Hard Candy

Hard Candy (2005) movie poster

(2005) dir. David Slade
viewed: 09/30/06

I’d read some things about this film, but hadn’t really put it into my Netflix queue, but on a night needing something to watch, it won the battle of indecision and I rented it.  It turns out to be an “indie flick”, whatever that term means these days, but it sort of meets the qualifications of slightly more edgy fare.

The film is about pedophilia, internet stalking, revenge, and “do it at home” castration.  At times, the dialogue and the direction are worse than others, drawing attention to themselves and drawing away from the characters and narrative.  The whole thing is far from excellent, but largely due to the performances of the two leads, it stays afloat.  It’s also a little hard to see exactly where it’s going or how outrageous or radical it might swing.  Ultimately, it didn’t strike as potent an impact as other films, which is probably not just in its ultimate message but in its moderately poor execution.  But again,  I must mention Ellen Page.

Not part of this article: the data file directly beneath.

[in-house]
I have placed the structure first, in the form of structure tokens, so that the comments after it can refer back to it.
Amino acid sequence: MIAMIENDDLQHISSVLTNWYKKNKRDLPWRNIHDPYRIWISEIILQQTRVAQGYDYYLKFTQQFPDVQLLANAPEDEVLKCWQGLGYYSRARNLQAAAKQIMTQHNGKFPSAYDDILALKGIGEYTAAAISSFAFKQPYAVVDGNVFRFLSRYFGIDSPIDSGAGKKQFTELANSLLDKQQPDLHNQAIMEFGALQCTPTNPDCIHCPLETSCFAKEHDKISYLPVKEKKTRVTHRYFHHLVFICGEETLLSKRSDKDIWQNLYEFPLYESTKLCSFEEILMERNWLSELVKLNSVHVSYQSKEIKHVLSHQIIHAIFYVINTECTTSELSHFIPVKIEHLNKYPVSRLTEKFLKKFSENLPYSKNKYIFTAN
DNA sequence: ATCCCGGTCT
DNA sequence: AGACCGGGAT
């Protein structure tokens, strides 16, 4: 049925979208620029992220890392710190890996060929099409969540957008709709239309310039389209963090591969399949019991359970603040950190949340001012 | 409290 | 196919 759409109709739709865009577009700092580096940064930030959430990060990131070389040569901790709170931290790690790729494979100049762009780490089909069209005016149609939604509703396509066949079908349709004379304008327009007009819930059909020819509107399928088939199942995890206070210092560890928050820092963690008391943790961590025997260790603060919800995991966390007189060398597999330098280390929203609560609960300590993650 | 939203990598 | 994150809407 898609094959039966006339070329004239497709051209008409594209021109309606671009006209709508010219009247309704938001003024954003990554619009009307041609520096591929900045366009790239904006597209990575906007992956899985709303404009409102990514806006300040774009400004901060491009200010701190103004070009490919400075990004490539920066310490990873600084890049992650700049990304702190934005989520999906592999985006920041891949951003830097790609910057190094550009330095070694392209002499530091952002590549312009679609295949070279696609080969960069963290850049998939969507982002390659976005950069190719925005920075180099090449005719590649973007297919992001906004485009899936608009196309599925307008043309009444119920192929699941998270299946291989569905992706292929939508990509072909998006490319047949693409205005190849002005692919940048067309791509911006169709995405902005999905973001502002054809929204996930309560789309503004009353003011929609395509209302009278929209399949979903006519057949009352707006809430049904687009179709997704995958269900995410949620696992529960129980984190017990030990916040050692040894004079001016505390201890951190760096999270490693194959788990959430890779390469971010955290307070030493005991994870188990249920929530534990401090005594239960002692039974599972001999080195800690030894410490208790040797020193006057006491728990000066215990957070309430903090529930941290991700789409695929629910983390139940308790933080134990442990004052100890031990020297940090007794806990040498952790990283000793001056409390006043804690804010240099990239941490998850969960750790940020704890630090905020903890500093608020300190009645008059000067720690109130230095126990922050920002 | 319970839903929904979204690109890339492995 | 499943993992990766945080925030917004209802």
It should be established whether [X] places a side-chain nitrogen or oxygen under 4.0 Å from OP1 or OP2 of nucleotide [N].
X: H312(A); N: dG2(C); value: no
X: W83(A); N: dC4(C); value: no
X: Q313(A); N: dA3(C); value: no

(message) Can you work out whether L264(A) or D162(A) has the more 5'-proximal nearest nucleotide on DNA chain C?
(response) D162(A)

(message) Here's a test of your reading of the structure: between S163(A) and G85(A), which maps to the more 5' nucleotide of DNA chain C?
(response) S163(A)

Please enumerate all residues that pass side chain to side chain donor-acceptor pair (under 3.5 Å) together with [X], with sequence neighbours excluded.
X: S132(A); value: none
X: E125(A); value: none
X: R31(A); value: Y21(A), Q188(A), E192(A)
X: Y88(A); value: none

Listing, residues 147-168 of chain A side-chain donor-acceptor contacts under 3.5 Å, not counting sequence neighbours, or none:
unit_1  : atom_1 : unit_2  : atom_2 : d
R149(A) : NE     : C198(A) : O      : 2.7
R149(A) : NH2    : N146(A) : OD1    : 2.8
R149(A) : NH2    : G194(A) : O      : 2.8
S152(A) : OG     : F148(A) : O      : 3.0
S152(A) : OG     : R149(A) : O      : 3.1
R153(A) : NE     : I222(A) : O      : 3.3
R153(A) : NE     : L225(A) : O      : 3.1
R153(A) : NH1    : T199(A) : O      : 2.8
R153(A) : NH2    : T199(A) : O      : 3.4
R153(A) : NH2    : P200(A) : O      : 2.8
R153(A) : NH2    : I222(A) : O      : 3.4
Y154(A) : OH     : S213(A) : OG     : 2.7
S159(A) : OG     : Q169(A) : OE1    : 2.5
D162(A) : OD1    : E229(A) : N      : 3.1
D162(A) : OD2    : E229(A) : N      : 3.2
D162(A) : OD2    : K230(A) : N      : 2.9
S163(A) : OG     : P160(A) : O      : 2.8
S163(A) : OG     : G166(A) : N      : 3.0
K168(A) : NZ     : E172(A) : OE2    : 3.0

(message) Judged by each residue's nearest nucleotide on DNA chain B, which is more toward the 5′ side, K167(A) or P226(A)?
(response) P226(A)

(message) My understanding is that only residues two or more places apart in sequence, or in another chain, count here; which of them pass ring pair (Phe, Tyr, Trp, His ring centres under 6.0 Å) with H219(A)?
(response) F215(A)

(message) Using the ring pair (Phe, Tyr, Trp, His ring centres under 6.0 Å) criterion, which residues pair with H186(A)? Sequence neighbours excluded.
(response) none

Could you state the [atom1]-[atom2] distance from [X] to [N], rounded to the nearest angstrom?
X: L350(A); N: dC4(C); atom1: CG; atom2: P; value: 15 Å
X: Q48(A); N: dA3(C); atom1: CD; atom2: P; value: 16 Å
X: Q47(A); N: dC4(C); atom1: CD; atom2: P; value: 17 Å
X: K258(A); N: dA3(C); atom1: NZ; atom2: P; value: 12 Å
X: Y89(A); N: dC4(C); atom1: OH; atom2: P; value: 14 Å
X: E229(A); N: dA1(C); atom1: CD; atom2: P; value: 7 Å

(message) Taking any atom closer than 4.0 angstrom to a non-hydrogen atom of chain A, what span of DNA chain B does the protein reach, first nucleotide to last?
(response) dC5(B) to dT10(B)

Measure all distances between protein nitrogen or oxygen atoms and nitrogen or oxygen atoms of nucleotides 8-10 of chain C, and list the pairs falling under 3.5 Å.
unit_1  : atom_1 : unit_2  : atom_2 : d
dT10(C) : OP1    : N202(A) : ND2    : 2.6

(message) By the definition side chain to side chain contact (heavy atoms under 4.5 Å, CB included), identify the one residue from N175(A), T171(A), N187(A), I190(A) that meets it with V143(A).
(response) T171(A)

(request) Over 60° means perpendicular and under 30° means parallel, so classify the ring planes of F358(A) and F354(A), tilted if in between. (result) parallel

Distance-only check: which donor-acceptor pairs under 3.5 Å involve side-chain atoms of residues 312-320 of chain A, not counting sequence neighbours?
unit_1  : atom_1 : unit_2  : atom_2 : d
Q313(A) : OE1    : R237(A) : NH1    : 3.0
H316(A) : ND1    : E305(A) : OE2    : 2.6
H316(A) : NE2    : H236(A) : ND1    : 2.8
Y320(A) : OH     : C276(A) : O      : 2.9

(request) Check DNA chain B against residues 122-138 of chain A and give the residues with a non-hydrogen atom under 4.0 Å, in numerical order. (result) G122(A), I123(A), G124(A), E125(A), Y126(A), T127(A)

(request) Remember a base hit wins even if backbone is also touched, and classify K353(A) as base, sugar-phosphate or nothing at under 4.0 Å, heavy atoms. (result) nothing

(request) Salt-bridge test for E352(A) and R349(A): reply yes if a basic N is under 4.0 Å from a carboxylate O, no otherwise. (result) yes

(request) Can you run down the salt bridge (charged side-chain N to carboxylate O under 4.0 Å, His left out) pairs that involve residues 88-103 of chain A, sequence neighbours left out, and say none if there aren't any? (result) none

With her short brown hair and very pretty face, Page is striking just on the surface.  Watching her play a 14 year old certainly adds a level of voyeurism and self-critique and self-analysis throughout the film.  She, of course, while young, is not as young as her character.  Still, it’s an interesting twist, one that the film flirts with a bit, but doesn’t really string out for full potential.  She carries the bulk of the film in her delivery of her character’s complex personality as it slowly unfolds, making a lot of dialogue that would have been painful performed by others at least believable enough in the context of the film.  She isn’t amazing exactly, but she does a very good job with the material.  She is someone to watch.

The film has some open-ended-ness to it, that helps a bit, but what it ultimately represents or supports is a little hard to get at.  It’s use of technology is interesting: the internet, cell phones, chat rooms, email.  Not that any of that is particularly new, but it does operate well within a world in which those things are commonplace and tie deeply to the plot twists and narrative of the story.

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